Purpose: Determination of the tracking of the whereabouts of specific 'events'. Typically these events are product defects or problem areas within a process and/or a system and It enables their location and frequency of occurrence to be established. Steps: 1. Identify the 'event' to be tracked. 2. Determine a means of data collection. Examples might be: A plan of the layout of the area in which the 'event' is occurring; An illustration of the product incurring the 'event' (defect); An example of the product itself; A process-map of the process within which the 'event' is occurring; A checklist listing the zones within the overall organisation in which the 'event' is occurring. 3. Determine who is best placed to collect the 'event' data. Input Artefacts: KPI for which data to be collected Frequency: For each selected KPI Role: Quality manager and/or responsible person(s) where the event is occurring (i.e., a process, system, etc.) Tips and Tricks: The accuracy of data collection is paramount while determining data collection method and care should be exercised when determining how, and by whom, data is to be collected particularly when large geographical areas are under examination. For production processes, charts of production processes created in the activity Identify Production Process helps the team determine who should collect data and where in the process data should be collected. Use the form Data Collection Plan in order to formalise your work Resulting Artefacts: KPI Data Collection Plan

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3.2
3.2.1

Monitoring and Analysing Data


Activity: Monitor KPI Compliance

Purpose: Collect data for the KPIs as stated in the KPI Data Collection Plans and monitor KPI compliance. This activity is the part of the operational control. Steps: 1. Record the event data as appropriate stated in the KPI Data Collection Plans- until such time as an adequate sample has been obtained. 2. [Optional] If there is no objective set for this KPI and derive the KPI objective. 3. Check whether the KPI objective is attained. 4. If the objective is not attained, evaluate results to determine action to resolve the root cause of the problem. Input Artefacts: KPI Data Collection Plans KPI Measurement, Monitoring and Analysis Guide Frequency: Depending the critically and stability of the operations. Usually daily or weekly. Role: Operational Manager Tips and Tricks: Data sample size is also critical. As a general rule, if in doubt increase the sample size. Resulting Artefacts: Operational Monitoring Reports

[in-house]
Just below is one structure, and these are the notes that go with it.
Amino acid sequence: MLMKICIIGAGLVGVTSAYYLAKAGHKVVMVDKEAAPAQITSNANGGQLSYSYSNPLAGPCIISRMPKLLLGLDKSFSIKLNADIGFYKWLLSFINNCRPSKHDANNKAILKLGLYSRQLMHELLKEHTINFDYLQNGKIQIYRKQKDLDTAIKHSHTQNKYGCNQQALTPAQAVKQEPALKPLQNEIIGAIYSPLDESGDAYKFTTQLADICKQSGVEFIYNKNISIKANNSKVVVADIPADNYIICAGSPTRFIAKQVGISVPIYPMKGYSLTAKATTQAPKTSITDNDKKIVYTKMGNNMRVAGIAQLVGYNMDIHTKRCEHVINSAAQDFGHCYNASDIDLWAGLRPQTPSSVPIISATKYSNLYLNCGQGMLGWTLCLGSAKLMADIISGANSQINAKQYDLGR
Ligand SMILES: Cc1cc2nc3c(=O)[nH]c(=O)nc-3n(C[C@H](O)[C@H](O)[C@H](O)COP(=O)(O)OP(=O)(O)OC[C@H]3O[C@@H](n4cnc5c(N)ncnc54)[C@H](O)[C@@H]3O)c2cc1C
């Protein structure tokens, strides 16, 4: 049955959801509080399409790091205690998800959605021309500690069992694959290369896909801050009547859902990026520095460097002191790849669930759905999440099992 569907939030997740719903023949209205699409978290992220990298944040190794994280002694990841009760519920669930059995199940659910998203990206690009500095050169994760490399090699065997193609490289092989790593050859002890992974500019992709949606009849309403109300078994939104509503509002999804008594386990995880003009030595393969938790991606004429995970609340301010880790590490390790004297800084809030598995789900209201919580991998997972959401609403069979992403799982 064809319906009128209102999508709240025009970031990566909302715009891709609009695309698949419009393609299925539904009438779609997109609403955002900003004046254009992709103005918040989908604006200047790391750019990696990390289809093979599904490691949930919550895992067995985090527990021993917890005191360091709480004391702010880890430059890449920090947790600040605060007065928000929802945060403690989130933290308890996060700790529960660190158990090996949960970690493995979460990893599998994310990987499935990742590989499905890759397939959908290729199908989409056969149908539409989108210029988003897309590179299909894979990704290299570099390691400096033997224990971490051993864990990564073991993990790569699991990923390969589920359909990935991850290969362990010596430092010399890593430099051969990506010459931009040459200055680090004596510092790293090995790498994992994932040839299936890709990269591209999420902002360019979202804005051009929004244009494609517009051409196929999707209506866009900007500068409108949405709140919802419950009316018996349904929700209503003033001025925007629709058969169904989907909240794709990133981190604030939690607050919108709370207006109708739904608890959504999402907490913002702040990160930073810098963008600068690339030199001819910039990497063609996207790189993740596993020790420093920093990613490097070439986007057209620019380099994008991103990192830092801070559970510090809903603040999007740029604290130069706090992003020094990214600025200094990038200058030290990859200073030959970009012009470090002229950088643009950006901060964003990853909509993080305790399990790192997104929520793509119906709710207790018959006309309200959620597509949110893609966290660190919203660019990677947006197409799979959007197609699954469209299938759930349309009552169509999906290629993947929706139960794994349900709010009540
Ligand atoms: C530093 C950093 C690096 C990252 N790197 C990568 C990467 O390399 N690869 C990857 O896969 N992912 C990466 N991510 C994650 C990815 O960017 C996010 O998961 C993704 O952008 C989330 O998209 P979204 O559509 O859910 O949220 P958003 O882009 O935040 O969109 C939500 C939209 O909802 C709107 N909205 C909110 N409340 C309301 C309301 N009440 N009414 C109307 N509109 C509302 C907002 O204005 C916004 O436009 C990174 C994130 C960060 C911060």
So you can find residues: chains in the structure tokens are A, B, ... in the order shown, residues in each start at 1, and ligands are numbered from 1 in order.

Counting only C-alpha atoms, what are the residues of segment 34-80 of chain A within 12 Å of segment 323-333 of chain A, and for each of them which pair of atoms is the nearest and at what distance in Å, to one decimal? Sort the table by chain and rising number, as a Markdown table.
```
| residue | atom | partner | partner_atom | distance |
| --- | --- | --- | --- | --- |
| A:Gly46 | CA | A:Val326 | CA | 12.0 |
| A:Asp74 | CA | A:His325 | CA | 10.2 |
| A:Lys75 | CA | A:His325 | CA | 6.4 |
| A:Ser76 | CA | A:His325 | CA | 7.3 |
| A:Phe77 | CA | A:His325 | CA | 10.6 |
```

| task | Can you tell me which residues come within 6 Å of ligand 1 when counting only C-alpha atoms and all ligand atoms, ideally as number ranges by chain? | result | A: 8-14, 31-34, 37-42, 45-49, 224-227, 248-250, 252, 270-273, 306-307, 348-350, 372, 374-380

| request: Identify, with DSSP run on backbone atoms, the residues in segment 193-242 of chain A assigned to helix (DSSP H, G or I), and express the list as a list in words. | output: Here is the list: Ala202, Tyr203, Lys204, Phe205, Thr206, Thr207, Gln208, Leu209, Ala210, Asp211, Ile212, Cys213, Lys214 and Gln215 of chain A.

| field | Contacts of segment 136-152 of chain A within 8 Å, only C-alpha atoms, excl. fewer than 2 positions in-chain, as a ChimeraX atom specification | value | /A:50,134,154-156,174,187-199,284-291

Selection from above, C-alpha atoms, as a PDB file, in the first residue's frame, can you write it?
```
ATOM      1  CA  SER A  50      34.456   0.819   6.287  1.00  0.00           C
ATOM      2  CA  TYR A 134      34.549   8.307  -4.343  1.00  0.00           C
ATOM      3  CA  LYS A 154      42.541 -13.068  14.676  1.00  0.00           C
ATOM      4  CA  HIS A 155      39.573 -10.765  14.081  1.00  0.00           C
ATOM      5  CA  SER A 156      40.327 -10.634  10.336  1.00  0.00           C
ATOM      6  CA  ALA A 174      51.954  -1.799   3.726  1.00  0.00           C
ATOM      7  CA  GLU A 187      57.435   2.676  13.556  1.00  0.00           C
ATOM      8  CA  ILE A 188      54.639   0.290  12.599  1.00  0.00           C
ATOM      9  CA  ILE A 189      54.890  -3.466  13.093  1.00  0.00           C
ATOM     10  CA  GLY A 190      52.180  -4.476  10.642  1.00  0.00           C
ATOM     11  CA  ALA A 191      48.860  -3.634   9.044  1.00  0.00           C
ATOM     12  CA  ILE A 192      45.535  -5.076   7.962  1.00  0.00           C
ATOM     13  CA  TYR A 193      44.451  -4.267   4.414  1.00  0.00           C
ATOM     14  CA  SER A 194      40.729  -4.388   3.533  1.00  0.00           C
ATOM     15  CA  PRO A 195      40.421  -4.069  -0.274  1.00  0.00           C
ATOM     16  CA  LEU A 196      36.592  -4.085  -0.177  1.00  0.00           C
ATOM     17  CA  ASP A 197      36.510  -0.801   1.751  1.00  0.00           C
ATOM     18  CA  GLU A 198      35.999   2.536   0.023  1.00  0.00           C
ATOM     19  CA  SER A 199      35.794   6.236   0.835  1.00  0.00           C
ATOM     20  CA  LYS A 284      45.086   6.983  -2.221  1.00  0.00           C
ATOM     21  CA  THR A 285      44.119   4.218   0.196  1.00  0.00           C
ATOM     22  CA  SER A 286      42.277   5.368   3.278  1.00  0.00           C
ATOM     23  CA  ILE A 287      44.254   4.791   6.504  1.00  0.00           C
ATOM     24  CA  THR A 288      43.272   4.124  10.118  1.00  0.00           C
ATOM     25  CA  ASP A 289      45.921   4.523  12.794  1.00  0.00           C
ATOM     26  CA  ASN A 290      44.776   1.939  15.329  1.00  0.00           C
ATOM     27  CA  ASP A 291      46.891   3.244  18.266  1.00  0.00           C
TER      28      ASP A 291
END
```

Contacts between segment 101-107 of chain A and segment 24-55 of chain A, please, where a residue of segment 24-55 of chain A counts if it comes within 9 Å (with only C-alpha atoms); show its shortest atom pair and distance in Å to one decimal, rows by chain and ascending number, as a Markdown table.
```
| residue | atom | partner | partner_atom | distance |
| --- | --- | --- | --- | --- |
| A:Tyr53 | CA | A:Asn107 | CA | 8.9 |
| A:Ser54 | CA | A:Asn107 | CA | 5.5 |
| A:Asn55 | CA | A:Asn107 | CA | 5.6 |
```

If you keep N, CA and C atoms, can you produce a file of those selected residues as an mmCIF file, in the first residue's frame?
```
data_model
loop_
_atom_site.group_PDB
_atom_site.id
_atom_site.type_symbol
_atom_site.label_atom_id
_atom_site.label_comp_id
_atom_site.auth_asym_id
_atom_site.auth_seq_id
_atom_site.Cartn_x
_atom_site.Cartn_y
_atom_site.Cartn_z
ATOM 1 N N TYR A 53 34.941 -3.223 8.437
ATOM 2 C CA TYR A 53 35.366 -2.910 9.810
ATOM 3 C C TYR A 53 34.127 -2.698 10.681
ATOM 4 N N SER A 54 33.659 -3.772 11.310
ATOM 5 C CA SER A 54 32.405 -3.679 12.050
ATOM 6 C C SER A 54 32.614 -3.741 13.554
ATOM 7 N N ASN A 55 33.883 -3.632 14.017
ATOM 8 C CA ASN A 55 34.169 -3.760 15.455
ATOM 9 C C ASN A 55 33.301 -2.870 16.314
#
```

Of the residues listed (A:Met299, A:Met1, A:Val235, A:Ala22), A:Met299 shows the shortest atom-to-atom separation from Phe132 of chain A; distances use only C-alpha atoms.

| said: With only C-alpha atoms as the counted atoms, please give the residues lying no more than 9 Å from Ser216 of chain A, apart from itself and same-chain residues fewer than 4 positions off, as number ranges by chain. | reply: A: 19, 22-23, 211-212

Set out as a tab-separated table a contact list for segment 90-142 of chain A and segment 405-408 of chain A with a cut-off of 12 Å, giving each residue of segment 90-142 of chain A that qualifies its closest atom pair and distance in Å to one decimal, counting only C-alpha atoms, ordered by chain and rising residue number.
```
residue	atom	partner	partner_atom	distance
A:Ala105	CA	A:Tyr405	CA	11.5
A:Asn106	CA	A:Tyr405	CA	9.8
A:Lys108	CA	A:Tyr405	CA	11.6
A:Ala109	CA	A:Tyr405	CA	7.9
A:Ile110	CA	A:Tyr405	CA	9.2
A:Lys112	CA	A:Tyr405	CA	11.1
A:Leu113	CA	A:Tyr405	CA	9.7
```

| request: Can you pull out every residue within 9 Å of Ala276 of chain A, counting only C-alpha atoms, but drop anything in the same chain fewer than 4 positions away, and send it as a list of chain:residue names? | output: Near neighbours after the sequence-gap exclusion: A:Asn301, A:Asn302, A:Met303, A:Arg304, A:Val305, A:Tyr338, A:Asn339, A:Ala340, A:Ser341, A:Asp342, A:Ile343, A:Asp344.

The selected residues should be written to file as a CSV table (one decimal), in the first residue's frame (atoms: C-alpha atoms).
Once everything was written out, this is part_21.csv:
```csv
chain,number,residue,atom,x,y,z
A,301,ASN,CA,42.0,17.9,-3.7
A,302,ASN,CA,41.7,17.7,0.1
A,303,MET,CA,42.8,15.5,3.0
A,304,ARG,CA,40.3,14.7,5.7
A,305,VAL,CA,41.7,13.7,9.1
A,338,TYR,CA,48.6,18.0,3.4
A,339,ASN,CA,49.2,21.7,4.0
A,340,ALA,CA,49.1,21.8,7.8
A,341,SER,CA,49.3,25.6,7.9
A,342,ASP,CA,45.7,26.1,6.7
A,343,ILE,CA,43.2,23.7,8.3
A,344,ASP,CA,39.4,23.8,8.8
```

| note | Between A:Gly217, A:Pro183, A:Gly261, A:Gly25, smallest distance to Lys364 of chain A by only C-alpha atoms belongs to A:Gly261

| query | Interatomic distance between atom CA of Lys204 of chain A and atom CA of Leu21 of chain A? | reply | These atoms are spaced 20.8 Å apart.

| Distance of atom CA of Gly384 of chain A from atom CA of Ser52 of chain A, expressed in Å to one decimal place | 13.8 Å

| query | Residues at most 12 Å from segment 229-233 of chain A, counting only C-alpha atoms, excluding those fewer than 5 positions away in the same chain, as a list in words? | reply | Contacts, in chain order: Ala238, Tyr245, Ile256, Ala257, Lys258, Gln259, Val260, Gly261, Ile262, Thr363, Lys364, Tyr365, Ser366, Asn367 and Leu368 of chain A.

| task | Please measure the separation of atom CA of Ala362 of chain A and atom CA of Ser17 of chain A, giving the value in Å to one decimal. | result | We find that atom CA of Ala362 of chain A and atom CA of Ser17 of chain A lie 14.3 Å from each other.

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3.2.2

Activity: Gather and Analyse Data

Purpose: Gather KPI measurements and analyse them. Steps: 1. 2. 3. 4. Gather KPI measurements. Create executive reports containing vital information about the performance Check overall KPI compliance. Analyse each KPI and determine problematic components (a component may be one of the following: product, service, process, system, resource or expansion of market) 5. Check whether an improvement is required and possible for problematic components. 6. Prioritise and select the component(s) to be improved and execute the activity Improve Component for the selected component(s) Input Artefacts: Resulting Artefacts: KPI Measurement, Monitoring and Analysis Guide Frequency: Depending the critically and stability of the operations. Usually monthly, quarterly or annually. Role: Quality Manager Tips and Tricks: For step 4-6 you may use the form Improvement Matrix to analyse improvement alternatives. For step you may use the form Improvement Selection Checklist to verify whether a correct component is selected. Executive Reports Selected Components for Improvement